Professor Jon Gould, chair of the Department of Justice, Law & Criminology and director of the Washington Institute for Public Affairs Research in the School of Public Affairs, has been named a director of the Law and Social Sciences Program at the National Science Foundation. His one-year appointment begins in September.
"This is a tremendous honor for Jon, recognizing as it does his leadership in the field of law and society and his experience in grant-funded research," said Barbara Romzek, dean of the School of Public Affairs. "It also benefits us in the long run, helping to raise the profile of the school in such circles and bringing Jon's heightened experience back to SPA when the position ends."
Gould will help steer $6 million in grant money toward research in the fields of law and social sciences. "It will be a chance to immerse myself in research on law and social sciences and help support future scholarship in those areas," he said.
He will remain director of the Washington Institute for Public Affairs Research (WIPAR) and chair of Justice, Law & Criminology through the end of July. While on leave at NSF, he will continue to advise and work with SPA doctoral students.
WIPAR serves as a bridge between academic researchers and the public affairs community, including public agencies, corporations, private foundations, nonprofit organizations and media. It advises faculty in conceptualizing and operationalizing their research and assists researchers in grant-funding.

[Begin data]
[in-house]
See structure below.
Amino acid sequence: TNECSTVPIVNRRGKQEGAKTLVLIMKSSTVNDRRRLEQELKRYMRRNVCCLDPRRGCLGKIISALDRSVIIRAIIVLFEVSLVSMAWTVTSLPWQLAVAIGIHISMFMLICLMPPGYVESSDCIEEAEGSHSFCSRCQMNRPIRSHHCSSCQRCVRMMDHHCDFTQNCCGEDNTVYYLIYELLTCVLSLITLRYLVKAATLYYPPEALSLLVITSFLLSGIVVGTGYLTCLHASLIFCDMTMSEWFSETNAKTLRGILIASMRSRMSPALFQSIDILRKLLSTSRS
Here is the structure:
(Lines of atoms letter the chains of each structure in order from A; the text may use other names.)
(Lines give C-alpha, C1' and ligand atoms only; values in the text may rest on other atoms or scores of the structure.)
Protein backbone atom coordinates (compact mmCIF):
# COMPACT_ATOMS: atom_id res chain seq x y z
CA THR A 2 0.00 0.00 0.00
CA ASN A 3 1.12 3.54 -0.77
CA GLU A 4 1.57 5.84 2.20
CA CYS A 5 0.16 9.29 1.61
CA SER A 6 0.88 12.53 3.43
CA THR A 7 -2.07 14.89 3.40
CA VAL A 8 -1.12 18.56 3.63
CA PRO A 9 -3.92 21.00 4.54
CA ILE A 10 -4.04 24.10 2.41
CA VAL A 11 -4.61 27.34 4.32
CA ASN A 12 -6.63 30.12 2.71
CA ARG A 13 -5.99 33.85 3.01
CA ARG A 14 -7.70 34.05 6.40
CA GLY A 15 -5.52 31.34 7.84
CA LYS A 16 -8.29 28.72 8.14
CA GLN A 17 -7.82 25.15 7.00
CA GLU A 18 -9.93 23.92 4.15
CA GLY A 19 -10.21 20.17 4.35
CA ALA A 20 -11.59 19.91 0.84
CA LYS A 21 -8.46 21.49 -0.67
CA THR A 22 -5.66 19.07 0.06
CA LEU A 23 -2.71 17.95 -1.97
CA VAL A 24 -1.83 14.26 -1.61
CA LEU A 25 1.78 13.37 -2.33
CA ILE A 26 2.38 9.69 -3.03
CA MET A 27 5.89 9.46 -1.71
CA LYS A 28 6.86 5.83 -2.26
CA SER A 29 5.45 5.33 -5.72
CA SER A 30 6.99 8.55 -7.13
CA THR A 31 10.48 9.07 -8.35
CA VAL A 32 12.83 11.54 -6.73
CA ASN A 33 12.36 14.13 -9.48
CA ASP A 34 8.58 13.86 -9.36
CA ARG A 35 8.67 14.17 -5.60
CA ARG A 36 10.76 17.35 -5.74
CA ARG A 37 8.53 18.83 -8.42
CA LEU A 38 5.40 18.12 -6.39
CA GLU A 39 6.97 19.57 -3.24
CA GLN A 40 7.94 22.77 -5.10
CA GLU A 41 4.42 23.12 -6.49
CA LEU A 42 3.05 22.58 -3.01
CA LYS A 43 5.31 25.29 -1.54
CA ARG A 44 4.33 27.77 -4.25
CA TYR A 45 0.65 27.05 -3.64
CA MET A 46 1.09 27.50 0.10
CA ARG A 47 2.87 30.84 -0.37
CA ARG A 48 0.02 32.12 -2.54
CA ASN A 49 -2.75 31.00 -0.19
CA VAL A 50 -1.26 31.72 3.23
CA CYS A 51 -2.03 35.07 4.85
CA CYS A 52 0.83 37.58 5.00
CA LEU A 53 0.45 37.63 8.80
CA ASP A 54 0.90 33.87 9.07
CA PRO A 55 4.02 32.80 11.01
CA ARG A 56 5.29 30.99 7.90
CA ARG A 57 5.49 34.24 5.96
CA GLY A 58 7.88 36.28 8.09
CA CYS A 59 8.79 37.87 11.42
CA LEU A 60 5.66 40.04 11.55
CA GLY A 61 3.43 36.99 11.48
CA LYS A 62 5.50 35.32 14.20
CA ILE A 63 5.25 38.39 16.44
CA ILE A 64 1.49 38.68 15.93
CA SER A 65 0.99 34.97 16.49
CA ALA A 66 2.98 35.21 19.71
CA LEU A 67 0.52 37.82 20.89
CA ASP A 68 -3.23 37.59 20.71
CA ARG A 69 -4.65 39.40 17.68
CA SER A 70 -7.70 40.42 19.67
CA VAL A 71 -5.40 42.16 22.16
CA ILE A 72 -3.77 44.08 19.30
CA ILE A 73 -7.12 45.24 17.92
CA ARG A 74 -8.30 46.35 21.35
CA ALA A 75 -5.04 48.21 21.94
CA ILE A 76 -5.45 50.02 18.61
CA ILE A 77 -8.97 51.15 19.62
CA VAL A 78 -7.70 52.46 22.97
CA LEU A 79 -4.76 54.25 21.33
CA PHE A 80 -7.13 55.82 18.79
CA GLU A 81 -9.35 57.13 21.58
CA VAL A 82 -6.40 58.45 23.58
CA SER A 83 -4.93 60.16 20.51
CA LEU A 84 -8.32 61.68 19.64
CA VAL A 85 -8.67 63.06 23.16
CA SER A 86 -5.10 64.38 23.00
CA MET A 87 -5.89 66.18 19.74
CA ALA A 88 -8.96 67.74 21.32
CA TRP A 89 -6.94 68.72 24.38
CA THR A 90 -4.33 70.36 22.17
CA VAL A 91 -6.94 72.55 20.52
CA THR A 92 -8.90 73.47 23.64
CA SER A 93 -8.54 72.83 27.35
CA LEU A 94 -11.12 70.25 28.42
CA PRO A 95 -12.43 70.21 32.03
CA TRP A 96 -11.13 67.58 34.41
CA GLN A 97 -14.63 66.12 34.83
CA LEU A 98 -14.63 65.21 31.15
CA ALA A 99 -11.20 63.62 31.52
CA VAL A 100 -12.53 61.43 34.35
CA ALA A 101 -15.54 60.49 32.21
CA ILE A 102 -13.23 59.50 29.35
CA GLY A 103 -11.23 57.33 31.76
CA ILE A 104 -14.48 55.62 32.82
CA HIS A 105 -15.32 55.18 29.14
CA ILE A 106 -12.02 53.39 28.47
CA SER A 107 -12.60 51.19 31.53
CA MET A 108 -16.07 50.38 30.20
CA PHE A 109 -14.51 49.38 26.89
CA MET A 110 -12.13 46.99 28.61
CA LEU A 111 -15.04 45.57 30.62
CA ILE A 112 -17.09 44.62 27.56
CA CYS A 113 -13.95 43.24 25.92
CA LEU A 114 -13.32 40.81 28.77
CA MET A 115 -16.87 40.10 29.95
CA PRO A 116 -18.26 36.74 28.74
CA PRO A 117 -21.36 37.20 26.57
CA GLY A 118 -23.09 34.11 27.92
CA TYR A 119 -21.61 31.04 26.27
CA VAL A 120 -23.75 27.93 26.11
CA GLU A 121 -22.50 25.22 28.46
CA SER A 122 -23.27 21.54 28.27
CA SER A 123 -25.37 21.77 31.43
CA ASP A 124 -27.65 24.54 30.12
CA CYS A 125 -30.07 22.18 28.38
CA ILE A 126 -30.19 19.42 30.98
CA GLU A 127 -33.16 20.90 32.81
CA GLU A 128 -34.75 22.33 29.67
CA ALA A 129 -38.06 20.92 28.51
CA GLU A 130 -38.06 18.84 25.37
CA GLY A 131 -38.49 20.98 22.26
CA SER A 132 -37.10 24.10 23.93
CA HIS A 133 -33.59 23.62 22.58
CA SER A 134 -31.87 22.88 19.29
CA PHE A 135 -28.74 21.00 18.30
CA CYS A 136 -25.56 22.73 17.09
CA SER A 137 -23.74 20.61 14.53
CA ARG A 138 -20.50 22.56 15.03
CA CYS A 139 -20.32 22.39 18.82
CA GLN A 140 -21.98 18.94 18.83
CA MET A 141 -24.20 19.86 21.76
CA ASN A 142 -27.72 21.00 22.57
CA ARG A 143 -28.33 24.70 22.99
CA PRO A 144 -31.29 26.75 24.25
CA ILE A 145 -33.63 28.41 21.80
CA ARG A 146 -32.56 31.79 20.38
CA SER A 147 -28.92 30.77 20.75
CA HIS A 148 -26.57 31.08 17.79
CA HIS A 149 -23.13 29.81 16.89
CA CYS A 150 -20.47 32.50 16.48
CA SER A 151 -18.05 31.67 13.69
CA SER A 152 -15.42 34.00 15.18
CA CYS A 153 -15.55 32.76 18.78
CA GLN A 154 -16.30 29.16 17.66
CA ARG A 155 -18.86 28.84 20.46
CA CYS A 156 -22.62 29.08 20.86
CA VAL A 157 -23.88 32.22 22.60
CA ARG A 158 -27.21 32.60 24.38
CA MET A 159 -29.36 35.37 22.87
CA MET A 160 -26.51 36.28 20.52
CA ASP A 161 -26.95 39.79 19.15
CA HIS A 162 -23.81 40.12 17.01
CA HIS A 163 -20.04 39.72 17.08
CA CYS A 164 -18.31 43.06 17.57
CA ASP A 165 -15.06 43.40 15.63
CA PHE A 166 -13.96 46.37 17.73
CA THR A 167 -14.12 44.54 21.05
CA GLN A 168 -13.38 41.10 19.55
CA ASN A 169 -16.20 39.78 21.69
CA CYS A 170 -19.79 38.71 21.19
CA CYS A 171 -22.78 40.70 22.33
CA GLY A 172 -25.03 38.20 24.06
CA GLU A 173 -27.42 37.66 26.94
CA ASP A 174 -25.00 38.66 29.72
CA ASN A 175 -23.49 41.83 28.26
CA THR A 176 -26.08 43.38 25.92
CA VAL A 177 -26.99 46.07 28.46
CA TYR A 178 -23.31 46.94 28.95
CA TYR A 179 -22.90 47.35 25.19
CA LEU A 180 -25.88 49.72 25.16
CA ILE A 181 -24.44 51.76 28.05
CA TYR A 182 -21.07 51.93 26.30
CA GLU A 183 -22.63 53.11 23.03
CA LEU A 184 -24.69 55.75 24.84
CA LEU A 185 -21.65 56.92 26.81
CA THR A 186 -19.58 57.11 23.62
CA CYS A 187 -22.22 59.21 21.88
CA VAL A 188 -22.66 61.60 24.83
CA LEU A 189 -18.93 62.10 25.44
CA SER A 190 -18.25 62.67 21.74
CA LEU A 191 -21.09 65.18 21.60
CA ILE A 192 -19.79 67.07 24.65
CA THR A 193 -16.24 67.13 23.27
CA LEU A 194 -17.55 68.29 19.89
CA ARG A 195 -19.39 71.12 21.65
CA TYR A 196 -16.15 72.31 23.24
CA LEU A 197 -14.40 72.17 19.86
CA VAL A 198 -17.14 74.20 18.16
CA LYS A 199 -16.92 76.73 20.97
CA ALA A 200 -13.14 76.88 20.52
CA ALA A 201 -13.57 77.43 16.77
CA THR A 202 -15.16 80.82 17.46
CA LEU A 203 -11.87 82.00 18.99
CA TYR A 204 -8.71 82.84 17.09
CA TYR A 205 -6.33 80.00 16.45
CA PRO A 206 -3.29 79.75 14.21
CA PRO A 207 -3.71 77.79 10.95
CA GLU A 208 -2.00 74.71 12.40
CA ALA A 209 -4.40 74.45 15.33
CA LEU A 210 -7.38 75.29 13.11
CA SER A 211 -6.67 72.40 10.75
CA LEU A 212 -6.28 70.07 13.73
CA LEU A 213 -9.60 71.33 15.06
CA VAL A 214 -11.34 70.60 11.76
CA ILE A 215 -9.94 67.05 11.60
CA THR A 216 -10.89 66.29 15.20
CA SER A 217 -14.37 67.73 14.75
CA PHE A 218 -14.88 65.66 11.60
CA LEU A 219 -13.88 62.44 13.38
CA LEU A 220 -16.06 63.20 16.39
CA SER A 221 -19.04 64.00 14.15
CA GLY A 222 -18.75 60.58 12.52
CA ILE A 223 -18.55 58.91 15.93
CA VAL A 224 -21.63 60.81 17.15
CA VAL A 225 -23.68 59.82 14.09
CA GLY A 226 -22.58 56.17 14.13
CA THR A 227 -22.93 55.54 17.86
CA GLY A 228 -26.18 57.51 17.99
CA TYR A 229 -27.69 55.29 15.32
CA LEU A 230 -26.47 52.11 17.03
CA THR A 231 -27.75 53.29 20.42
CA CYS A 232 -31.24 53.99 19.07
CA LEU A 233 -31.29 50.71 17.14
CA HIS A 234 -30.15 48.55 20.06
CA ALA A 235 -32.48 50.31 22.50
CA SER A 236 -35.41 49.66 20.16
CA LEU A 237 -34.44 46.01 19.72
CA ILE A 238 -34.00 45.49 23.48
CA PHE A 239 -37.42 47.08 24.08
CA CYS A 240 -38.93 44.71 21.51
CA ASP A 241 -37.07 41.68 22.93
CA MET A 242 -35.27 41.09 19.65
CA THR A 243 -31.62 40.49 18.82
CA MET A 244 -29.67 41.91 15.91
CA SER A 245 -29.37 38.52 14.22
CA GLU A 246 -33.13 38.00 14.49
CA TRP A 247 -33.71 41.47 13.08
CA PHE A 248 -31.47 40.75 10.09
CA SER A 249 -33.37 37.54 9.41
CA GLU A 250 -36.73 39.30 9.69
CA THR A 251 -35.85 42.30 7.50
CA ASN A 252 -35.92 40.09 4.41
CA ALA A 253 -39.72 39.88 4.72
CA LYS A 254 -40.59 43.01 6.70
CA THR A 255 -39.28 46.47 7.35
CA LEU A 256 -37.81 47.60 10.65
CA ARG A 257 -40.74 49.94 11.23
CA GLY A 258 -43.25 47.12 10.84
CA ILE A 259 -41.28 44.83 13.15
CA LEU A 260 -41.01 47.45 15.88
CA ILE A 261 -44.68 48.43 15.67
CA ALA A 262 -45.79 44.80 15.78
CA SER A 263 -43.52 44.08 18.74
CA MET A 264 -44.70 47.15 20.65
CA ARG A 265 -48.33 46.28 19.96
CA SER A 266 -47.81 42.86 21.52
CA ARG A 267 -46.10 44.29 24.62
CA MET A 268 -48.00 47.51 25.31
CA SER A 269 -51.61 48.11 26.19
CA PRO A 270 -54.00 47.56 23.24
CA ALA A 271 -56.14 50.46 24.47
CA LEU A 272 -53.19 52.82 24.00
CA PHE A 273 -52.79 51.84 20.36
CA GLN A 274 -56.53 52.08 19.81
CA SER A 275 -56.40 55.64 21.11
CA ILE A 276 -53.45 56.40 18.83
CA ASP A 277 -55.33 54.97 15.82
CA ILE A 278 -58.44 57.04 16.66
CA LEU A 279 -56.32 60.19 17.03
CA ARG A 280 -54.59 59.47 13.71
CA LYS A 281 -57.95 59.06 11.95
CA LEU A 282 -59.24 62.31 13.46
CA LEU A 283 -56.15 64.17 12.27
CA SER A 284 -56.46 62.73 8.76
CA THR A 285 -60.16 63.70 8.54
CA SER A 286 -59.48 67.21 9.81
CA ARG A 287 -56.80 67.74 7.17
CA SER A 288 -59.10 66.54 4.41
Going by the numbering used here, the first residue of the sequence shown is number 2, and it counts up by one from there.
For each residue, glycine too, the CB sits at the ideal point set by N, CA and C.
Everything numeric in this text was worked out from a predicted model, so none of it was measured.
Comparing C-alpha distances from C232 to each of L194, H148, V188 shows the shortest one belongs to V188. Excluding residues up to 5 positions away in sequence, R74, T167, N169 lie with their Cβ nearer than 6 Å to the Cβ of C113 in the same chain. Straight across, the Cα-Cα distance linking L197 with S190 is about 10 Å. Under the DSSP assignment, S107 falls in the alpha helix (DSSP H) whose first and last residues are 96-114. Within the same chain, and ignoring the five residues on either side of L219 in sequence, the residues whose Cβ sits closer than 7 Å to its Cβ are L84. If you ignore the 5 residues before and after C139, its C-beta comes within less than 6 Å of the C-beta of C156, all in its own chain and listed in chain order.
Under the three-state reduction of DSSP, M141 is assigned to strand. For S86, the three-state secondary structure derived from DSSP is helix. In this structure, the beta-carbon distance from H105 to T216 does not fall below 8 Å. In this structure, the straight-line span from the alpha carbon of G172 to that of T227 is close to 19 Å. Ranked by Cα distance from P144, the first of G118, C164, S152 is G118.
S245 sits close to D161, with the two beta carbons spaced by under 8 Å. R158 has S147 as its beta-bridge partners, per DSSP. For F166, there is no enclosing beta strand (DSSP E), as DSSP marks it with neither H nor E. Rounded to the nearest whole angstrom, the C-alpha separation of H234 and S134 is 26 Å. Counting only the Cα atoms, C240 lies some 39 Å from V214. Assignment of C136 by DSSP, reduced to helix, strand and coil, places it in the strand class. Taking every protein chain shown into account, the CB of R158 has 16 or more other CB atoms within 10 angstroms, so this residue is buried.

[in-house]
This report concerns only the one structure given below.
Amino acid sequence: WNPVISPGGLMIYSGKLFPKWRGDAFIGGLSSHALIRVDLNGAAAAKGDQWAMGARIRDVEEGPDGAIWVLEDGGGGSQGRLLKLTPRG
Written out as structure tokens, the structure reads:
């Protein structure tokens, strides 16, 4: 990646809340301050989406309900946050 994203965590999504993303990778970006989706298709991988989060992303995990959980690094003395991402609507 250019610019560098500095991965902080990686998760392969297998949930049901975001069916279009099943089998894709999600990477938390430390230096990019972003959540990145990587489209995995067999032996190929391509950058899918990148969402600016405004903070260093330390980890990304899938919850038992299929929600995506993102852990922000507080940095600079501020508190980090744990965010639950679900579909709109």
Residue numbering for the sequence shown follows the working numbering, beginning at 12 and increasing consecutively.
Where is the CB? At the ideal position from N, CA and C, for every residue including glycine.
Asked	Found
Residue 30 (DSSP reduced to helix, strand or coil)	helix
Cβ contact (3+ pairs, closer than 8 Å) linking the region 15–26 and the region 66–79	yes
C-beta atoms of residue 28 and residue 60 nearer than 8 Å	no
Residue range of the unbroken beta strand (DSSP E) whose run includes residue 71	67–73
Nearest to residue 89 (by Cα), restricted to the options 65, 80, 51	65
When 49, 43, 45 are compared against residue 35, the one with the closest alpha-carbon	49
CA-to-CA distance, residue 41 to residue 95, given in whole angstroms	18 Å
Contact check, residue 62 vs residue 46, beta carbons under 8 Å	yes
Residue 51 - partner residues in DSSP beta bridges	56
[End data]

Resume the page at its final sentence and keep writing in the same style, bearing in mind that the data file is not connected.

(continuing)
With WIPAR's encouragement and support, research proposals generated by SPA faculty and the amount of grant funding have increased steadily over the last three years, and almost all of SPA's new faculty have submitted research proposals on some project that has been funded.
"This appointment is a natural progression from WIPAR," Gould said. "At the NSF, I'll be helping to support research and advance important projects of scholars across the country. I'll see part of the grants process from the other side."
A lawyer and social scientist, Gould combines empirical research with policy advocacy to promote government reform and administration. His work focuses on civil rights and liberties, justice policy and legal change, helping to make academic research relevant and accessible to policymaking. Over the past three years, he has led the Preventing Wrongful Convictions Project. Funded by the National Institute of Justice, Gould directed a team of nine in examining how the criminal justice system avoids wrongful convictions.
He has published on the subjects of wrongful convictions, hate speech, sexual harassment, criminal defense, police compliance with the Constitution, and judicial treatment of race and gender. His first book, Speak No Evil: The Triumph of Hate Speech Regulation, was a co-winner of the 2006 Herbert Jacob award for the best book in law and society. His second book, The Innocence Commission: Preventing Wrongful Convictions and Restoring the Criminal Justice System, was named an Outstanding Academic Title for 2008 by the American Library Association. Gould has been a U.S. Supreme Court Fellow, is a Fellow of the American Bar Foundation, and has served on multiple scholarly and policy boards. He has won awards for his scholarship, teaching, and service.
Gould sees his NSF appointment as an opportunity to share with his SPA colleagues the ideas and areas in social sciences that are being funded, the pressing scholarly issues that should be addressed, and the ways to make faculty research more visible.
"It will also be a chance to give back to American University," he said.